Reducing Internet prices had been a vow made on the campaign trail that had garnered much attention. Unlike many other campaign promises that had gone unfulfilled; such as the promise to provide air ambulance services to the entire country within the first one-hundred days of the presidency; the promise of cheap and easy access to the Internet had not gone unnoticed.
Even the former President Yameen Abdul Gayyoom had promised for cheaper Internet prices during his bid for re-election. He proposed that a fiber cable be purchased by the State and be leased for use by foreign countries and local Internet Service Providers. He had said that the use of such a cable would result in significantly reduced prices.
The MDP, too, had echoed such a promise on the campaign trail in 2018. Solih had promised reduced Internet prices but had neglected to highlight how such a reduction would be achieved. The government had also announced several dates for reduced Internet.
This task was assigned to the Ministry of Communication, Science and Technology, with Mohamed Maleeh Jamal, Jumhooree Party member, at its helm. On December 8, 2018, his announcement that he had initiated work on reducing Internet prices was plastered on local headlines.
A month later, Jamal claimed that an inquiry into how to reduce Internet prices was underway.
The following year, on May 17, 2019 Jamal claimed that Internet prices would be reduced on a basis that was beneficial for both the consumer and the service provider. He also promised to declare access to the Internet as an essential right.
On May 19 2019, Jamal opined that new Internet Service Providers may be allowed to operate in the Maldives. Also, in the same month, the newspaper headlines declared that two months had passed since discussions on the matter had ended. On August 25 of that year, Jamal claimed that “good news” was not too far off. On October 2019, the government declared that 2021 would be the year of reduced Internet prices.
Even in 2020, many variant dates and timelines had been announced and forgotten. The President’s Office had most recently said that prices would be reduced in 2022, instead of 2021.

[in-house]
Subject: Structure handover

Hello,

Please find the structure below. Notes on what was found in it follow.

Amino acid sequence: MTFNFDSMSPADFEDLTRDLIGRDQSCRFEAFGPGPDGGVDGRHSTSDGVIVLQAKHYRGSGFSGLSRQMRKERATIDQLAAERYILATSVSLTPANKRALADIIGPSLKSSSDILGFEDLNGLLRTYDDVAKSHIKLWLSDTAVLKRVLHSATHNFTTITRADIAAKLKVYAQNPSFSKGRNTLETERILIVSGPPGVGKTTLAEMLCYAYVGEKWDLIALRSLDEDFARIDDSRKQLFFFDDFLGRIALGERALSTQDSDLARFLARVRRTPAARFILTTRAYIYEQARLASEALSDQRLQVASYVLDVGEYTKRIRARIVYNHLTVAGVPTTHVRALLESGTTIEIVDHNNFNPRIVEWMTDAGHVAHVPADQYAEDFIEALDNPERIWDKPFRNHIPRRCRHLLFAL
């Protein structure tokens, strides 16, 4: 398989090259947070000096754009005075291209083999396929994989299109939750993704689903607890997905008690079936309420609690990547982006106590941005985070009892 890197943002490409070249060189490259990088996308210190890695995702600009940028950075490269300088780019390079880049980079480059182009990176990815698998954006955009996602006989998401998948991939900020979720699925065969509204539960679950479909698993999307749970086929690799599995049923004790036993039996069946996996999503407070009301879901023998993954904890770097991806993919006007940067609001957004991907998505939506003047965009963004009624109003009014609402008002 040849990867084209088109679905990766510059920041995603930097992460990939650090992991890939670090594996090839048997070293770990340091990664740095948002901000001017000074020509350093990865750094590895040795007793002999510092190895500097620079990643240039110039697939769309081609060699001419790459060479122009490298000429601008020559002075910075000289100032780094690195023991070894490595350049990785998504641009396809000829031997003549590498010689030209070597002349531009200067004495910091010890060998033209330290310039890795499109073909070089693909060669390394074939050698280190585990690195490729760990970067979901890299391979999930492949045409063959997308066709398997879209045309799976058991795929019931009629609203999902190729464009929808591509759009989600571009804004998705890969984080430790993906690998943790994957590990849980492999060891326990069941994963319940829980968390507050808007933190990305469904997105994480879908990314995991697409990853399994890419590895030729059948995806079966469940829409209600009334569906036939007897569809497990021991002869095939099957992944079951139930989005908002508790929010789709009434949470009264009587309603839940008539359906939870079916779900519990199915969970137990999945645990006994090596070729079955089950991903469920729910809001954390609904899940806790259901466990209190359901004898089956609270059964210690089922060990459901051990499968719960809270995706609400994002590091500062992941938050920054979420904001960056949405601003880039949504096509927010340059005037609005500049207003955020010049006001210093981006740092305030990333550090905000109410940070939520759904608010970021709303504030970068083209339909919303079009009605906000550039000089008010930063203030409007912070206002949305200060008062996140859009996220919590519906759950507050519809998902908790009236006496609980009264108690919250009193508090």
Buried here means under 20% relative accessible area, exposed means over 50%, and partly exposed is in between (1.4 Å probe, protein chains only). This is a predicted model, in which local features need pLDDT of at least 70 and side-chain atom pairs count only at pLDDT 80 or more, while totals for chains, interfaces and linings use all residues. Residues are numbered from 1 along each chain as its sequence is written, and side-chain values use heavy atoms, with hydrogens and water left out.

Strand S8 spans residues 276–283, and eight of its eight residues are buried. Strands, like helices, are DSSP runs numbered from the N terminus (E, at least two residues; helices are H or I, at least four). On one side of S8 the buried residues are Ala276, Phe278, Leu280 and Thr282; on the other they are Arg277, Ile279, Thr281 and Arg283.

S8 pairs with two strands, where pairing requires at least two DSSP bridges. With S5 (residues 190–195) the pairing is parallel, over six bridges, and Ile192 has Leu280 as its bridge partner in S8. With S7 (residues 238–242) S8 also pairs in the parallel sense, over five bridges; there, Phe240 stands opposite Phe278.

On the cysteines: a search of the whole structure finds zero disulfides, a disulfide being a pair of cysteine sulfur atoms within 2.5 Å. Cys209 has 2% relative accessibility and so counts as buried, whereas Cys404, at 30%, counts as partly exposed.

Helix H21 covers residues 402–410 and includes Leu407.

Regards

With all of these shifting promises, the government has failed to publicly mention their actual plans for implementing a reduction of Internet prices. There are several factors at work that can influence the outcome.
Several experts have mentioned that the government’s inability to influence prices is the outcome of its lack of meaningful power over Dhiraagu’s policies.
The government had relinquished power over the formerly state-owned company when former President Mohamed Nasheed sold 7% of the government’s shares to Cable and Wireless Communications (CWC) in 2009, giving them a controlling stake in the company. CWC later sold its stake to Bahrain-based Batelco.
Batelco controls Dhiraagu with a 52% stake, with the government owning approximately 41%.
Many MDP activists and politicians have blamed these shifting dates and the lack of clear policies on Jamal. The narrative being pushed was that Jamal was responsible for outlining and devising a strategy, but has failed to do so. This culminated in an attempt to take a vote of no confidence against him in Majlis, with MDP parliamentarians at the helm.
A former Minister speaking to The Maldives Journal, on the condition of anonymity, claimed that ministers only implemented the instructions and the policies outlined by the President. “Even if you had a clever, technically-capable Minister in charge, what is he to do if there’s no policy to act upon?” he asked.
As with many of his campaign trail promises, many believe that President Ibrahim Mohamed Solih does not have a clear, well-researched strategy or policy to deal with the promised Internet price reductions. A telecommunications expert speaking to The Maldives Journal claimed that the government does not fully understand the factors that influence internet prices. He said that the duopoly of Dhiraagu and Ooredoo over telecommunications was a huge obstacle that had to be overcome.
He also said that introducing new Internet Service Providers to the market is not a solution. Particularly, he said, because the existing infrastructure was also another factor for high prices. The investment that would go towards renewing this infrastructure would be “significant”, but would be instrumental in bringing down all telecommunications costs in the country.
He said that it was clear that the government did not have a clear policy towards achieving low Internet prices. Had there been one, it would not only have been publicly announced, but steps would have been taken to implement it. He mentioned that swapping out the Minister would not change the government’s lack of solid planning.